Plan B for the US Economy?

Over at the Financial Times’ Economists’ Forum, Thomas Palley has that plan.  He’s got five parts to his plan B:

1. Let the Bush administration tax cuts expire and use the savings for additional targeted stimulus

The economy needs a further demand boost to establish recovery momentum. The majority of the Bush tax cuts were an income redistribution program favoring the wealthy rather than a stimulus or growth program. That makes extending them bad policy. . . .

2. Cauterise the housing market . . . .

[Use] the Federal Housing Administration to refinance Fannie Mae and Freddie Mac mortgages with low or even negative equity and then have Fannie and Freddie repay some of their federal government borrowings. The test criteria should be whether the mortgage is viable once refinanced at low rates.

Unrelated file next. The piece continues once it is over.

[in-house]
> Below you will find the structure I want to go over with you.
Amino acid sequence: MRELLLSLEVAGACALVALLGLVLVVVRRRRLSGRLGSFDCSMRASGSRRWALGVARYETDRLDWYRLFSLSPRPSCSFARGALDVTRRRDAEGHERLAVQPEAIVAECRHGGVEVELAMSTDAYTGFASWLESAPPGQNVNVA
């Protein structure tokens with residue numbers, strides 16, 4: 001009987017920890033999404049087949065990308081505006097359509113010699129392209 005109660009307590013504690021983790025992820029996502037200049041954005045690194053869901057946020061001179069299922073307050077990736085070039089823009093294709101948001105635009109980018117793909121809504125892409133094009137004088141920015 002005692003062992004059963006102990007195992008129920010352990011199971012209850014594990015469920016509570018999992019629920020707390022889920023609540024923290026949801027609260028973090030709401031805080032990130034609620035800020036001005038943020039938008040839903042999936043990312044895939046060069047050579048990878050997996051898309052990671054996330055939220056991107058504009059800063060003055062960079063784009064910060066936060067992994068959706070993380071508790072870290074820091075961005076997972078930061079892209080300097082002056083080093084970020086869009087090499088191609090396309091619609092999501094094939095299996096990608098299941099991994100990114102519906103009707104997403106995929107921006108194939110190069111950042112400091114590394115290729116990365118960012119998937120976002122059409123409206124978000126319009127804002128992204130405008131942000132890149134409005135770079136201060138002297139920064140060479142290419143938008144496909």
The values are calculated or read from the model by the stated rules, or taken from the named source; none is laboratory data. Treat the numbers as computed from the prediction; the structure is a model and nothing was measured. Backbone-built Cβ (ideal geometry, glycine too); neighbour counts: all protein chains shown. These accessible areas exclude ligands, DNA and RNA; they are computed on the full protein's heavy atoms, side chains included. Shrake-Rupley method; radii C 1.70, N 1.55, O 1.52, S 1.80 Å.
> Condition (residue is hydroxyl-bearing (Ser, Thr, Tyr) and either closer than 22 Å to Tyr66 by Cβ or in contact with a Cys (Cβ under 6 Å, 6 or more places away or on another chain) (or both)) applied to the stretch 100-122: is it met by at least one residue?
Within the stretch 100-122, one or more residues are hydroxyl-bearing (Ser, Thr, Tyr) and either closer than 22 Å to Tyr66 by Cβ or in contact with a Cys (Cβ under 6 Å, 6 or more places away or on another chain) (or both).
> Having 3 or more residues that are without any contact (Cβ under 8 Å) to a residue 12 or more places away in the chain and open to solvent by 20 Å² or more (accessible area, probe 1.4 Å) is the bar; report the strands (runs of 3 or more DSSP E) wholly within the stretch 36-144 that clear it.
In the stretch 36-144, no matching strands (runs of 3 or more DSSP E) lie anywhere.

3. Neutralise the trade deficit. . . .

As China refuses to correct its under-valued exchange rate, it is long past time for the US to take protective action. That can be done via administrative interventions and legislation to make countries with under-valued exchange rates subject to countervailing duties.

4. Restore the wage – productivity growth link. . . .

One immediate measure is passage of the Employee Free Choice Act that will enable unions to organise on a level playing field.

A second measure is to index the minimum wage to the median wage. That will create a real wage floor and limit wage inequality because the minimum wage will automatically increase as median wages rise with productivity.

5. Do it all

It is important these measures are enacted as a comprehensive package. Implemented alone they will be far less successful. . . .

Sounds simple enough, right?  I guess this is Palley’s attempt to lay out his hope of audacity on the part of the Obama Administration.  The full post is here.

Enhanced by Zemanta
Top